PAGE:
The Supreme Court will announce a series of decisions about the constitutionality of the health insurance law passed in 2010 later this month, and House Republicans are planning an experimental online effort to gin up renewed support for repeal.
The campaign, brainchild of National Republican Congressional Committee Digital Director Gerrit Lansing, takes a fresh approach to old-school petitioning, one that combines social media gizmos with a retro tech twist. (Part of the plan involves a computer printer that has its own Twitter account. Follow along if you can.)
Here's how it will work: On Thursday, the NRCC will roll out a series of brief videos featuring GOP lawmakers, including House Speaker John Boehner, Texas Rep. Pete Sessions and Minnesota Rep. Michele Bachmann, urging users to sign an online petition to repeal the health care law. On the screen, Republican online strategists have added a Quick Response Code to each video that directs viewers to wave a smart phone over the code, which will take them to an "I Want Repeal" Tumblr page. (In one video, the QR code is cleverly placed on the bottom of Sessions' shoe, which is perched atop the desk in the NRCC office.)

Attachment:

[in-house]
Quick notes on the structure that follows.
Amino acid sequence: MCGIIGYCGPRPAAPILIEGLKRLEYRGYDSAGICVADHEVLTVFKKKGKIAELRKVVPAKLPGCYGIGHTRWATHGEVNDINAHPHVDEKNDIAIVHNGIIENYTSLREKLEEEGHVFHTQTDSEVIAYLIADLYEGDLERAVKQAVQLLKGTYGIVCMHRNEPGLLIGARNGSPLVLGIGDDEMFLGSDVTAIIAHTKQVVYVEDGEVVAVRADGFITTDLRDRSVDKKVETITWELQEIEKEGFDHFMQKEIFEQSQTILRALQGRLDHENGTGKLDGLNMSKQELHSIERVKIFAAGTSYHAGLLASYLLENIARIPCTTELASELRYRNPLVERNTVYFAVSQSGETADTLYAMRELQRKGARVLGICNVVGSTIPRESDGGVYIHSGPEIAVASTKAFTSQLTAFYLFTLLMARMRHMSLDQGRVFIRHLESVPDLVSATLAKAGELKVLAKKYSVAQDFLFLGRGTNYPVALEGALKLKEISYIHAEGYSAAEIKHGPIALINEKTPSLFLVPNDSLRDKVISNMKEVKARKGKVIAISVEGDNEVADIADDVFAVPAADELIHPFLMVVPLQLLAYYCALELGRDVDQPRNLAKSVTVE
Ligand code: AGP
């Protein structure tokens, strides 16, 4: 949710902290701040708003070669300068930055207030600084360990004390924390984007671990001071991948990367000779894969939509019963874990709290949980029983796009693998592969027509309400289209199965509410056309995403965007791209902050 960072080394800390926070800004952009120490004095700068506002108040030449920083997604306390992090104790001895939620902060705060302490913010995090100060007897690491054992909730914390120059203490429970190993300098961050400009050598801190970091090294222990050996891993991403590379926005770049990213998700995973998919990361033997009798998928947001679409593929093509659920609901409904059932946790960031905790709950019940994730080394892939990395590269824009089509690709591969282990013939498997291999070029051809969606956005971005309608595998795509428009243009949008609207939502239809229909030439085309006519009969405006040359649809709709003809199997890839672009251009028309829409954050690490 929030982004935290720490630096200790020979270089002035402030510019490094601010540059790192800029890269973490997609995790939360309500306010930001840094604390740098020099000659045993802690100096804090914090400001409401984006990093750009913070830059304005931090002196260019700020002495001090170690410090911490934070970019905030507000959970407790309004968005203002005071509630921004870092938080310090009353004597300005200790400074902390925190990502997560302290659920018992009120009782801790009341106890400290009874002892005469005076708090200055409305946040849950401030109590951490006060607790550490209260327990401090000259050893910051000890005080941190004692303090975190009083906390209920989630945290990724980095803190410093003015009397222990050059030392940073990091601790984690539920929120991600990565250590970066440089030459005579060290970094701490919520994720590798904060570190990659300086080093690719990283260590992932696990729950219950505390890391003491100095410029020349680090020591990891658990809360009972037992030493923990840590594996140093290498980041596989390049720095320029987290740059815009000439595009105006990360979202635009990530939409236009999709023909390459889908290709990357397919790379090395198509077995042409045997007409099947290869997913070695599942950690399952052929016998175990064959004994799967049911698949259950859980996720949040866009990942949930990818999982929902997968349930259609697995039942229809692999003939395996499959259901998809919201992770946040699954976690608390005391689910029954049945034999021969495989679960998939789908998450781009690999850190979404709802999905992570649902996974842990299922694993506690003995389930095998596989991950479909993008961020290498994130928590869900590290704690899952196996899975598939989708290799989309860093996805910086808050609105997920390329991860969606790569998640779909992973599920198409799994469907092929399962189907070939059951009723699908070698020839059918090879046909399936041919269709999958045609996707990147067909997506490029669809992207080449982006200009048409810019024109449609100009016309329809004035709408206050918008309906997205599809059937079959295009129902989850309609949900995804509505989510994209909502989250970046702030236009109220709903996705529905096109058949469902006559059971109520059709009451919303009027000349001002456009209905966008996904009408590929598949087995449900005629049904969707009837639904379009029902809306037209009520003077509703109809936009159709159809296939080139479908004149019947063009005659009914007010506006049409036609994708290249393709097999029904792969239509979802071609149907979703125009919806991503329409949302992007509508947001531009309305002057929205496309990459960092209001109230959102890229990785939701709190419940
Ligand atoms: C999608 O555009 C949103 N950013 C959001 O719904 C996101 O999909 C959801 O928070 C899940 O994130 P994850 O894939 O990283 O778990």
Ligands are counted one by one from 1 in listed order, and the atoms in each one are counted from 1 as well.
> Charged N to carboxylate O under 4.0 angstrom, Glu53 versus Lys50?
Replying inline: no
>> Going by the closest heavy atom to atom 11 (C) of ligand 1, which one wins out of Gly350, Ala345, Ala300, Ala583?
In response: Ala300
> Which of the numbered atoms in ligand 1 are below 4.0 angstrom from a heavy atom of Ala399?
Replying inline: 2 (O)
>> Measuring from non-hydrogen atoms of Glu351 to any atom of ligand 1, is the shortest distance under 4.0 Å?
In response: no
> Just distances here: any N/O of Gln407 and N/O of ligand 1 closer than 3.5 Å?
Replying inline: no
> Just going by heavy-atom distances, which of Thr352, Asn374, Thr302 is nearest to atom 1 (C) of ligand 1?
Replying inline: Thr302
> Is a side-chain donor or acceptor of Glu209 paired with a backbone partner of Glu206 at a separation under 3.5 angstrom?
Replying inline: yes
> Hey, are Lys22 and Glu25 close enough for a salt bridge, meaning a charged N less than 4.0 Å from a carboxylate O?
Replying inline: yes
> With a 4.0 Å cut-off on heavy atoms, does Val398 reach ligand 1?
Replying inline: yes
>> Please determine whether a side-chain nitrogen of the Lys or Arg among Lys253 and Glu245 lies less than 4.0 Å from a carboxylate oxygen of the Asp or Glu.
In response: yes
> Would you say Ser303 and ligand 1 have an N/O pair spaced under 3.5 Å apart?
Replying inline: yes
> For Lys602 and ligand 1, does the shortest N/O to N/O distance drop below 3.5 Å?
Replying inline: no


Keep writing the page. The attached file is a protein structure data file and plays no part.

On the Tumblr page, users will find a 90-second rapid-fire video explaining the Supreme Court case—told from a purely Republican perspective—that calls on viewers to sign the petition.
Signers will then be directed to a live video of a computer printer—yes, an actual printer—inside the NRCC office on Capitol Hill where they will watch their name printed in real time on a paper petition.
The printer even has its own Twitter account, @nrccprinter, which will tweet out an announcement that you signed the petition, so long as you have a Klout score over 40. (Klout is an online service that measures online influence.)
Lansing described the process as an "an earned-media petition funnel that provides people an experience online with creative things that politics hasn't seen before."
"The livestream printout is self-consciously old-school tech," he said, "something @nrccprinter will make clear in his tweets."
Meanwhile, the NRCC will encourage users online to tweet for repeal using the hashtag #IWantRepeal, and they plan to deliver the petition to the White House later this month.
It's certainly a far cry from the days of dispatching clipboard-wielding interns to gather signatures.